VITAMIN B12 238 (180 - 900)

VITAMIN D TOTAL 38.7 (25 - 50)

Retaking folic acid since tests for pernicious anaemia were negative, taking 6000iu vit D and Spatone iron once a day thanks

Marz profile image
Marz in reply to Ava6

I am not so good on iron issues - but I think you need a higher dose of Iron taken with VitC to improve your level. Folate is VERY low - it is below range so perhaps you need to take more Folic Acid or Folate. B12 is also very low and I would suggest 5000 mcg Jarrow Methylcobalamin from Amazon - a lozenge to keep under the tongue until dissolved. At some point you could reduce to 1000 mcg. Testing once on supplements will skew results so of little value.

VitD needs to be around 100 - so again 5000 IU's should boost your numbers during the winter months. Also take Magnesium & VitK2-MK7 - both important co-factors with VitD.

Which tests did you have for PA ? False negatives are common I believe. Have you checked your symptoms against the PA list on their website ? The Pernicous Anaemia Society Website ....

Testing MMA and Homocysteine are good predictors of B12 Deficiency at a cellular level.

SeasideSusie is a great source of information about vitamins and minerals. Click onto her name in blue and then click her replies to read her many excellent replies to people with issues such as yours ...

Ava6 profile image
Ava6 in reply to Marz

Thanks I tested negative for intrinsic factor antibodies, haematologist said that was the only test he could order

Marz profile image
Marz in reply to Ava6


The above link takes to the Perncious Anaemia Website where you can read up on the Testing etc ....

SlowDragon profile image

Your GP doesn't understand Hashimoto's.

Ask for full testing for coeliac disease.

But your gut is not working because you are very under medicated. TSH should be around one and FT4 towards top of range and FT3 at least half way in range

Your antibodies are high this is Hashimoto's, (also known by medics here in UK more commonly as autoimmune thyroid disease).

About 90% of all hypothyroidism in Uk is due to Hashimoto's

Hashimoto's affects the gut and leads to low stomach acid and then low vitamin levels

Low vitamin levels stop Thyroid hormone working

Poor gut function can lead leaky gut (literally holes in gut wall) this can cause food intolerances. Most common by far is gluten

According to Izabella Wentz the Thyroid Pharmacist approx 5% with Hashimoto's are coeliac, but over 80% find gluten free diet helps significantly. Either due to direct gluten intolerance (no test available) or due to leaky gut and gluten causing molecular mimicry (see Amy Myers link)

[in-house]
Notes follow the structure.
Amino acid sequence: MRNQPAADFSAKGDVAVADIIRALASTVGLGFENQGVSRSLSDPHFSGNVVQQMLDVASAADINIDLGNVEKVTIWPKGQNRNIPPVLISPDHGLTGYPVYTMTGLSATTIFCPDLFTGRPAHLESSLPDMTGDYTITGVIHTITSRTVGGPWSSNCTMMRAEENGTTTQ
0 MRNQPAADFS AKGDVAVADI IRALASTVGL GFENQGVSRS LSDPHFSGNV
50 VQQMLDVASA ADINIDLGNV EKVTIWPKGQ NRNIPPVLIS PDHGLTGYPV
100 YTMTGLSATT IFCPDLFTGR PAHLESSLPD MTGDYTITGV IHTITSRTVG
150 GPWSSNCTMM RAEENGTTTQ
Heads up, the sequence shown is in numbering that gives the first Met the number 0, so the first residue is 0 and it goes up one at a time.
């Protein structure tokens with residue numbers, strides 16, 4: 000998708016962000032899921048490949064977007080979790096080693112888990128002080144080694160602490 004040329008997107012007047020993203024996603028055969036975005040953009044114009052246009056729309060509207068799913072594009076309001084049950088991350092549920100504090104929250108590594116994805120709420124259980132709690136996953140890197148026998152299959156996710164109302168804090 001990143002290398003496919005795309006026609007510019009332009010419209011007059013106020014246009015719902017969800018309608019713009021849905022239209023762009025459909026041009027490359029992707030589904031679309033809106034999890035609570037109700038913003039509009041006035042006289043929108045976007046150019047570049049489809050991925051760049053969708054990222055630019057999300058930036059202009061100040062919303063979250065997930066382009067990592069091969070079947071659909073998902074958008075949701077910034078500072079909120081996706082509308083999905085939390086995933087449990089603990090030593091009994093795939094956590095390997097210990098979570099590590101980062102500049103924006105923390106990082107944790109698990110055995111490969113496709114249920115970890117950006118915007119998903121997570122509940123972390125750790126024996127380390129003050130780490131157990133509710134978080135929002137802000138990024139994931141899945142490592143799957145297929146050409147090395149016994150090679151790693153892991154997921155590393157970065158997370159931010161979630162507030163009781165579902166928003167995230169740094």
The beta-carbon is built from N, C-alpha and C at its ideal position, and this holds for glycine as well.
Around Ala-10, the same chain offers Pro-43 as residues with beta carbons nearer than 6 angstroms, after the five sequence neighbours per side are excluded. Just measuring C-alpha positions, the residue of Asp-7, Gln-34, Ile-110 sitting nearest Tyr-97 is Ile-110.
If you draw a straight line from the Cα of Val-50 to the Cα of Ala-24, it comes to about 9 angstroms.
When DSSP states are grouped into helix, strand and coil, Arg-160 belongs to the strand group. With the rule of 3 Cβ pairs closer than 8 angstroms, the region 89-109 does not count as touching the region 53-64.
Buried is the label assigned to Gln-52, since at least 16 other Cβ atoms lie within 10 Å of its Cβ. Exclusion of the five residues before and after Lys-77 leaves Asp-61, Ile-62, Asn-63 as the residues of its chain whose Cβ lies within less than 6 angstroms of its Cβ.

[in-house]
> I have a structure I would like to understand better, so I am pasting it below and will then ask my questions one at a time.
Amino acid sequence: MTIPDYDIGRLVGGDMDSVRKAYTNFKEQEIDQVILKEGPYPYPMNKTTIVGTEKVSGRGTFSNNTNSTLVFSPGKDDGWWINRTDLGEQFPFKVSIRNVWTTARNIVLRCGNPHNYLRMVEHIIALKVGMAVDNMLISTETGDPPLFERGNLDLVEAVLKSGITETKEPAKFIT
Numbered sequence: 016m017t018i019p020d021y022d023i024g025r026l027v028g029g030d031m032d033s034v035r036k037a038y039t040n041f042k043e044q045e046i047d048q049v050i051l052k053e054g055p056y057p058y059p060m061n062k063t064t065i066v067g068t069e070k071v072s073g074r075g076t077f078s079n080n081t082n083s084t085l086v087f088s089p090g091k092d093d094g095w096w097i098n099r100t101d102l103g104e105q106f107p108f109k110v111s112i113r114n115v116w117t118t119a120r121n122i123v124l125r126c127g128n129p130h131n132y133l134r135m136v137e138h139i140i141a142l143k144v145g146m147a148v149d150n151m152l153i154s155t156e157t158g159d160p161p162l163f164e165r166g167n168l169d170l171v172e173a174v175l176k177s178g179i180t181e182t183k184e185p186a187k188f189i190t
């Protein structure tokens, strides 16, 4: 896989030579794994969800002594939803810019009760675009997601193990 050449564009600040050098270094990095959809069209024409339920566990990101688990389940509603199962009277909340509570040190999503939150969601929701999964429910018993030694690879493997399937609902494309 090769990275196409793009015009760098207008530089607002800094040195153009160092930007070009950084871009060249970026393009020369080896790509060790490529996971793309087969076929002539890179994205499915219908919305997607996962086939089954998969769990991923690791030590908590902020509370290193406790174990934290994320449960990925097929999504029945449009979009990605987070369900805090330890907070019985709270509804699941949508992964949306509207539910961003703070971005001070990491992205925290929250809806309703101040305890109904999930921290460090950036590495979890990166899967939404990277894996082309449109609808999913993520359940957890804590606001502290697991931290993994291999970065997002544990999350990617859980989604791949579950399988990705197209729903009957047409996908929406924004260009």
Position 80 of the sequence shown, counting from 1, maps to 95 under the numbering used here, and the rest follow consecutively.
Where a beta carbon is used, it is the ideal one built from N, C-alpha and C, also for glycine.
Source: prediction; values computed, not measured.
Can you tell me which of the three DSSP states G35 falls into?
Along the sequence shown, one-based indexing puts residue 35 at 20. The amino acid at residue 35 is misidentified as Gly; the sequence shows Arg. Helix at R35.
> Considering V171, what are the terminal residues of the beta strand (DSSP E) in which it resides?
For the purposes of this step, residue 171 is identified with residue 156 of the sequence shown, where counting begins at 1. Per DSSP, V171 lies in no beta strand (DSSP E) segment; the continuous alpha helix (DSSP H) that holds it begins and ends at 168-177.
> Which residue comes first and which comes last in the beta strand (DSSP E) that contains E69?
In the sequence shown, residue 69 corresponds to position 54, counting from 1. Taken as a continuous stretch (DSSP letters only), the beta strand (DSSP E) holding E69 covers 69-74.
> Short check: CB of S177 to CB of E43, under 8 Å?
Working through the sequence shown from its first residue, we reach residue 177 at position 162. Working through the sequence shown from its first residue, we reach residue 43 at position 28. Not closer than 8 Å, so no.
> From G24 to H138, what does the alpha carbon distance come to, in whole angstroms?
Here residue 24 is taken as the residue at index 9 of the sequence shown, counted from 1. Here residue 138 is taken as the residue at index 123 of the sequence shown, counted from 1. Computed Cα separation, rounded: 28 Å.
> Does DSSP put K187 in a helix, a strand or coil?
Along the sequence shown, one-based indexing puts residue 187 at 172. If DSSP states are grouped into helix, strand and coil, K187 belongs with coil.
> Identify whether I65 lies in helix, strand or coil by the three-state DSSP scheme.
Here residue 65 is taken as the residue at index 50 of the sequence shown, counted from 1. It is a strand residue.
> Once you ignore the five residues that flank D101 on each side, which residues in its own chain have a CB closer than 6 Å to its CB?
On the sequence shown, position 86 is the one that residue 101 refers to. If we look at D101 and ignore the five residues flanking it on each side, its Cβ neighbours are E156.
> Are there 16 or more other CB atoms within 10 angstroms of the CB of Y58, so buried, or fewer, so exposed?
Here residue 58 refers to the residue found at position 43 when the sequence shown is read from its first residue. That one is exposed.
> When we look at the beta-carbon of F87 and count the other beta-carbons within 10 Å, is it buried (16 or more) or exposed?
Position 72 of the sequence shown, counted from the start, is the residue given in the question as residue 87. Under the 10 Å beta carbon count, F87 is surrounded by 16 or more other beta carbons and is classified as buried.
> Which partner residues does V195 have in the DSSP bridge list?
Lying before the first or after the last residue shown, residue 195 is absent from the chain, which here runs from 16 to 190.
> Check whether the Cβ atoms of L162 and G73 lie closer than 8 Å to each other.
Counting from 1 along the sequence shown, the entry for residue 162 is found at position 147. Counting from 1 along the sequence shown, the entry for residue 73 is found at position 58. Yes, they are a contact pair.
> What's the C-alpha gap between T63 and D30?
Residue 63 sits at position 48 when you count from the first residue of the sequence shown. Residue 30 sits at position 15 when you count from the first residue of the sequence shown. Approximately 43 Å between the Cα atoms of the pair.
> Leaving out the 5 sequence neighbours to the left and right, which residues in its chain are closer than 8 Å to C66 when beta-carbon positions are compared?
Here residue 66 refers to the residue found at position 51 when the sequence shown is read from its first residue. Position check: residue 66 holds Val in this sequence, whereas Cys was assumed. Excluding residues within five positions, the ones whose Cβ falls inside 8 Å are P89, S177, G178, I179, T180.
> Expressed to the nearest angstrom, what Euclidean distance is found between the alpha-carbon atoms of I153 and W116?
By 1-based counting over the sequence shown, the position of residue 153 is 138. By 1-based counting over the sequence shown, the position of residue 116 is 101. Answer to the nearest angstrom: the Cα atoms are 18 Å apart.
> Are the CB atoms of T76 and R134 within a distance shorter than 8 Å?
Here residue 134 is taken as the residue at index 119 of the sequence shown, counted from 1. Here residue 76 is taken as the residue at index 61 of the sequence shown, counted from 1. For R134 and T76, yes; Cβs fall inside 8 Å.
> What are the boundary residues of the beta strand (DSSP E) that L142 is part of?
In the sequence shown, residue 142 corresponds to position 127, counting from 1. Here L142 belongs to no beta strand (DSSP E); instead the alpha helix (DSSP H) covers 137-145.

But don't be surprised that GP or endo never mention gut, gluten or low vitamins. Hashimoto's is very poorly understood

Changing to a strictly gluten free diet may help reduce symptoms, help gut heal and slowly lower TPO antibodies

Dr Toft, past president of the British Thyroid Association and leading endocrinologist, states in Pulse Magazine,

"The appropriate dose of levothyroxine is that which restores euthyroidism and serum TSH to the lower part of the reference range - 0.2-0.5mU/l.

In this case, free thyroxine is likely to be in the upper part of its reference range or even slightly elevated – 18-22pmol/l.

Most patients will feel well in that circumstance. But some need a higher dose of levothyroxine to suppress serum TSH and then the serum-free T4 concentration will be elevated at around 24-28pmol/l.

This 'exogenous subclinical hyperthyroidism' is not dangerous as long as serum T3 is unequivocally normal – that is, serum total around T3 1.7nmol/l (reference range 1.0-2.2nmol/l)."

You can obtain a copy of the articles from Thyroid UK email print it and highlight question 6 to show your doctor.

Essential to improve vitamins

SeasideSusie is the vitamin guru


Also See Box 1. Towards end of this article

Some possible causes of persistent symptoms in euthyroid patients on L-T4

You will see low vitamin D, folate, ferritin and B12 listed

SeasideSusie profile image


FERRITIN 41 (30 - 400) Spatone iron once a day

Spatone doesn't contain very much elemental iron compared to iron tablets so it may take a very very long time for your level to rise.

You can help raise your level by eating liver regularly, maximum 200g per week due to it's high Vit A content, and including lots of iron rich foods in your diet I raised my ferritin from 35 to 119 purely by eating liver.